Encapsulate Your Crawl Space

 In Articles, Pest Control

Your home is supposed to be a safe place, but do you know what is going on in your crawl space? Under your house can be a place for moisture, mold, and pests to live and thrive. Encapsulating your crawl space can prevent all of these from happening along with other benefits, but many people don’t even know what it is. Here are the answers to questions you may have when deciding whether to encapsulate your crawl space.


Encapsulation is the process of covering your entire crawl space in white plastic and installing a sump pump and dehumidifier. A sump pump pulls water that may get into your crawl space out and a dehumidifier lowers the humidity level in the crawl space. All the crevices, vents, and seams are sealed through encapsulation. Normally, when you encapsulate your crawl space it comes with insulated foundation walls and band joist. That is to ensure everything is properly sealed from the outside.


Another option is sealing your crawl space. This is laying a vapor barrier, six millimeter plastic, throughout all of the crawl space. In this process, the vents aren’t completely sealed, so there is no need for a dehumidifier or sump pump. This cuts down on costs, but moisture can still come in. The risk of pests, mildew, and mold is lowered, but there is still a likely chance that these can occur, while with encapsulation you don’t have any of it. Sealing may be cheaper up front, but encapsulation is worth it in the long run.

Benefits of Encapsulating Your Crawl Space

  • Keeps pests from under your home
  • Save money by lower your power bill
  • Prevents mildew and mold
  • Keeps your air clean and clear
  • Adds value to your home


Encapsulating your home can prevent mildew and mold from being produced and creating health risks for your family. Encapsulation allows for better air quality. You share air with your crawl space, so you want to have a clean crawl space and encapsulation allows for it to always be that way. There is also a benefit in saving money. Having your crawl space encapsulated helps it stay a more consistent temperature throughout your house helping to lower your energy bill and making you more comfortable in your home. Pests will stay away from that area if it is dry, so when you go to check your water heater, there won’t be any surprises hiding down there.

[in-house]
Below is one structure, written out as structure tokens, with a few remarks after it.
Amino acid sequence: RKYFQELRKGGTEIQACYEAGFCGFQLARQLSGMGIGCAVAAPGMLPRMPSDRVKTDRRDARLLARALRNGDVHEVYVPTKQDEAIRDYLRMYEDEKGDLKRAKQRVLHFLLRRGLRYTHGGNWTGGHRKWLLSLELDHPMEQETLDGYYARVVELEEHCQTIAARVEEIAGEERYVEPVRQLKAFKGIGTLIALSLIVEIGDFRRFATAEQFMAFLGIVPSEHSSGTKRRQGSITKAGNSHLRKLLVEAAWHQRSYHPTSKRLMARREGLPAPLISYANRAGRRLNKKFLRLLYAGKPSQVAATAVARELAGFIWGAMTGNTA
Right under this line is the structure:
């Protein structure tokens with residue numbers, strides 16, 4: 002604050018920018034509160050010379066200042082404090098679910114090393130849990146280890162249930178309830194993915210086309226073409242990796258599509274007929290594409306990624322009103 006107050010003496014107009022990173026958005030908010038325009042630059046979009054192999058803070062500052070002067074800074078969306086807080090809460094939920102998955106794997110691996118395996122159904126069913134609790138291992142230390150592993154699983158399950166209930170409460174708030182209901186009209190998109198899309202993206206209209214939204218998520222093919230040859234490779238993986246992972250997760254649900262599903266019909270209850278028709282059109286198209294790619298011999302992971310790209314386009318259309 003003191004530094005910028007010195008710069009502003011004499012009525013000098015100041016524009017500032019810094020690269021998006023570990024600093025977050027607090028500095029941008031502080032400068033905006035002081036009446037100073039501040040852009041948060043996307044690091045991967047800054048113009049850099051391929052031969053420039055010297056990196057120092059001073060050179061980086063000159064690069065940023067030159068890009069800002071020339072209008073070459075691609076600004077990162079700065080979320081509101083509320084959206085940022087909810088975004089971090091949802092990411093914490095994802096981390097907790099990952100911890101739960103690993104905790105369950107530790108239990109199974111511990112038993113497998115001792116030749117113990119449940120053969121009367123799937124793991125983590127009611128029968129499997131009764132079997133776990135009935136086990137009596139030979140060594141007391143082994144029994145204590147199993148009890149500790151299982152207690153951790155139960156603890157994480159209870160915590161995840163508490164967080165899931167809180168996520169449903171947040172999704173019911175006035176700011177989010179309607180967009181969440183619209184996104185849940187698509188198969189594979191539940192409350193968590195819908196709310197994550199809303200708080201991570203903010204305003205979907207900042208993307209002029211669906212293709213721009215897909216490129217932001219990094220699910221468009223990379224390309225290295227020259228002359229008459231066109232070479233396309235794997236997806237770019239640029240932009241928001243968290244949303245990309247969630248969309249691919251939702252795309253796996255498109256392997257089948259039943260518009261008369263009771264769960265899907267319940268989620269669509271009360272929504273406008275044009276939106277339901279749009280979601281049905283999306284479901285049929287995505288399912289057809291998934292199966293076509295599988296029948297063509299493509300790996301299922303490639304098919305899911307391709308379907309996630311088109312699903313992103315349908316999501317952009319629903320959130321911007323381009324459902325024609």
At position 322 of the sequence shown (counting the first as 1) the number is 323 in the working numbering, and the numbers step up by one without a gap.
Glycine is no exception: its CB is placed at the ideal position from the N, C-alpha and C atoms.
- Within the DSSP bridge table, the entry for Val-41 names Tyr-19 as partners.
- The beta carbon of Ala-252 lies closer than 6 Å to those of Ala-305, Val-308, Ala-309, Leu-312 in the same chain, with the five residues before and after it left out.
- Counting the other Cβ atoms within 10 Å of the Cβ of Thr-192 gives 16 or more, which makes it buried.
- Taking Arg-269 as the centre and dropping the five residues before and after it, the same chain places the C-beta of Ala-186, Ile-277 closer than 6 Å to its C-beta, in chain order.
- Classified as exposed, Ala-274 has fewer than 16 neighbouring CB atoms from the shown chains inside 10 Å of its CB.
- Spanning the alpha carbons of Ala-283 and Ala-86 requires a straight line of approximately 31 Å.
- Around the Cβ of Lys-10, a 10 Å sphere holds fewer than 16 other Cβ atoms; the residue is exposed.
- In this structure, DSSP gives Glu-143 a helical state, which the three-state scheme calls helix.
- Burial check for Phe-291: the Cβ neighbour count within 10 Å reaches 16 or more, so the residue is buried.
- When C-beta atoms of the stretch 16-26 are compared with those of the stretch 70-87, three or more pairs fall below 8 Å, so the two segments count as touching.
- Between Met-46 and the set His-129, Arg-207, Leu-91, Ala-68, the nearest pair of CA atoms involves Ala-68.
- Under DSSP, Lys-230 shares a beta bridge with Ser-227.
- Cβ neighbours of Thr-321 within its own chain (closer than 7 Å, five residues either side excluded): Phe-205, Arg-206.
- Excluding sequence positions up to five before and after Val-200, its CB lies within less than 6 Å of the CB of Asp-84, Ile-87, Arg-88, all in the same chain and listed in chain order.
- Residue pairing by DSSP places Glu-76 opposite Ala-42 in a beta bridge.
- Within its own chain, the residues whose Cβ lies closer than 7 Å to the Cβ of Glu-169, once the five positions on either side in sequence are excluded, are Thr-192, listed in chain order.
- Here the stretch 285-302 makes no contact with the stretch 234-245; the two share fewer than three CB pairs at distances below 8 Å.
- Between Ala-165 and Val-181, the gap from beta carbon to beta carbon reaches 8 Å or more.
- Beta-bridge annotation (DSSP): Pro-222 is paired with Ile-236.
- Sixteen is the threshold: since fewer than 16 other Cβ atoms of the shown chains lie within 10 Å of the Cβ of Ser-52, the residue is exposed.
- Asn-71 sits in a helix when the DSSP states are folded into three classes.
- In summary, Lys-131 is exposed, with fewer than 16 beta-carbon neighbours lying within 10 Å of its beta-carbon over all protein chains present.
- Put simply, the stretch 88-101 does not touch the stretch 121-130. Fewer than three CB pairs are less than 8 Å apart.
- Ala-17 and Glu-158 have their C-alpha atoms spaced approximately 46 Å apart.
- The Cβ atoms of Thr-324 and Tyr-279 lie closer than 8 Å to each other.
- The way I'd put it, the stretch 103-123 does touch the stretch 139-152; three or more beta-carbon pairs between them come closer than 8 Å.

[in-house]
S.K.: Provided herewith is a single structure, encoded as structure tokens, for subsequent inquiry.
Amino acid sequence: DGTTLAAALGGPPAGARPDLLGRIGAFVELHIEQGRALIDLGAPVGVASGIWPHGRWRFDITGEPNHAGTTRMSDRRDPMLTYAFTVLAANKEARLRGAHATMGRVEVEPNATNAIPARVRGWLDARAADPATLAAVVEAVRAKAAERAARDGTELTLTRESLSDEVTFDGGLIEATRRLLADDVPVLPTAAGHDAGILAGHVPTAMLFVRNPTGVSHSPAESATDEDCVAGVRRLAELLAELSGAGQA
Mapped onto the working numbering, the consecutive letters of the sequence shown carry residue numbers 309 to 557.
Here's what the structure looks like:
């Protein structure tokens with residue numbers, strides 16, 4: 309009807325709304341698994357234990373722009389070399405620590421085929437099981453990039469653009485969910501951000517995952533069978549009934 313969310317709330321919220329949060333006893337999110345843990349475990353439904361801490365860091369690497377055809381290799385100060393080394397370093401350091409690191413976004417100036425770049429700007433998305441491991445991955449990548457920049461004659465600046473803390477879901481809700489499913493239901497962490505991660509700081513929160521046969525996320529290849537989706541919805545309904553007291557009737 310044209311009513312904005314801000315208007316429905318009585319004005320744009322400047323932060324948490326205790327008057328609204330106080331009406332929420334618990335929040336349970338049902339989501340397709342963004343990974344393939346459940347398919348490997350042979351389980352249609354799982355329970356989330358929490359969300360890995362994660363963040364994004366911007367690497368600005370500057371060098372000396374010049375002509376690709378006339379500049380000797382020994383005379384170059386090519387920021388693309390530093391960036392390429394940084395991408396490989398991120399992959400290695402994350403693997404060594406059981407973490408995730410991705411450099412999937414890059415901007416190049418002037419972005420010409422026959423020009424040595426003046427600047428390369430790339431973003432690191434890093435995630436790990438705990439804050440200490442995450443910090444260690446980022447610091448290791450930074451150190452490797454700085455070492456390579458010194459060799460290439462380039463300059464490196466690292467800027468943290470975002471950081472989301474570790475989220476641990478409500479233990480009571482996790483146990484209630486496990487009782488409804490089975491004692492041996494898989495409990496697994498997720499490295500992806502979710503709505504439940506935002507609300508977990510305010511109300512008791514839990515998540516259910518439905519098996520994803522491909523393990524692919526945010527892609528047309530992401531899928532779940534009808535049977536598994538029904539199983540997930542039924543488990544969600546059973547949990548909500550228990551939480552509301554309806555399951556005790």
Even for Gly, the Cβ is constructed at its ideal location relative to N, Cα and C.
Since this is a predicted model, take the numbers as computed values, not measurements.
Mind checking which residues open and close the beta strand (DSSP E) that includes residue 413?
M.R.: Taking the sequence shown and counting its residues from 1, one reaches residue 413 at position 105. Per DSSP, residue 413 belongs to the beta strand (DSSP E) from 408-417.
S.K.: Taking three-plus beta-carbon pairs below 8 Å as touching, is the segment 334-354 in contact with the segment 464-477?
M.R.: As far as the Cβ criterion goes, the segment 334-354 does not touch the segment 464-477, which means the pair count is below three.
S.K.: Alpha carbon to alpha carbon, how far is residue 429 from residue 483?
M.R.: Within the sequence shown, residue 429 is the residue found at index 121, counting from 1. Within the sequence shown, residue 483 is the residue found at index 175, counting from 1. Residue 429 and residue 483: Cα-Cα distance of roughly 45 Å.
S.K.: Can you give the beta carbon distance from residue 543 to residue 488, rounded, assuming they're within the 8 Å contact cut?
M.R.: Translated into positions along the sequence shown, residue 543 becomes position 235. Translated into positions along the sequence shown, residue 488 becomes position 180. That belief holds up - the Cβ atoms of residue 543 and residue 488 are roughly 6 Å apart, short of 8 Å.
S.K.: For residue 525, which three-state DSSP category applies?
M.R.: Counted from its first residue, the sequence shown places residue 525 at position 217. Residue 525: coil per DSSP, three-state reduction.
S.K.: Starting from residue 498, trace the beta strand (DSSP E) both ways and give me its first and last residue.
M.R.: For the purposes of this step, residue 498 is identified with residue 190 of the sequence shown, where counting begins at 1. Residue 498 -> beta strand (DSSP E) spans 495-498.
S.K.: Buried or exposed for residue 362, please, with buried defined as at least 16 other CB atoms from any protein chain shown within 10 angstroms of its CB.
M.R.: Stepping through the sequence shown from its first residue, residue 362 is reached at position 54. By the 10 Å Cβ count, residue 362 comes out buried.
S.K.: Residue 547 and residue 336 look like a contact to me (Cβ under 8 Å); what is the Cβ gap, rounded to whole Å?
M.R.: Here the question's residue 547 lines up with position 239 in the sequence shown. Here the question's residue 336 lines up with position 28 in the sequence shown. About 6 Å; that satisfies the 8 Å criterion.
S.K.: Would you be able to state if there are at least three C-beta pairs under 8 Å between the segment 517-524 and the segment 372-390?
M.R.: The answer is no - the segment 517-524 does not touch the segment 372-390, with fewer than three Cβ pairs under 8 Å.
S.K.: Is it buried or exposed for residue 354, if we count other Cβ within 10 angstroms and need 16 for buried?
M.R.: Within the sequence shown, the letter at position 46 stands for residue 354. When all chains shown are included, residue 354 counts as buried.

There are a few steps that need to happen before encapsulation can happen, like looking for water or mold. Standing water near or in your crawl space, means you could have drainage problems and water can seep into your crawl space. If you notice that, contact a structural engineer or drainage company before pursuing encapsulation. Mold is another issue that will need to be cleaned up before encapsulation, your crawl space should be thoroughly inspected so all the mold is cleaned out. While someone is down there working, it is also good to go ahead and check all your appliances. Encapsulating your crawl space with gases can allow those to backdraft into your house creating more issues. Most homes don’t have any issues, but checking helps prevent potential problems.

Encapsulating your crawl space adds value to your house and creates a better living situation. While you can do it on your own, the best results come from a professional. There are many technical issues that could happen during encapsulation that professionals would catch that you may not. Encapsulation isn’t a simple process, but can help you avoid foundation and health issues through it. 

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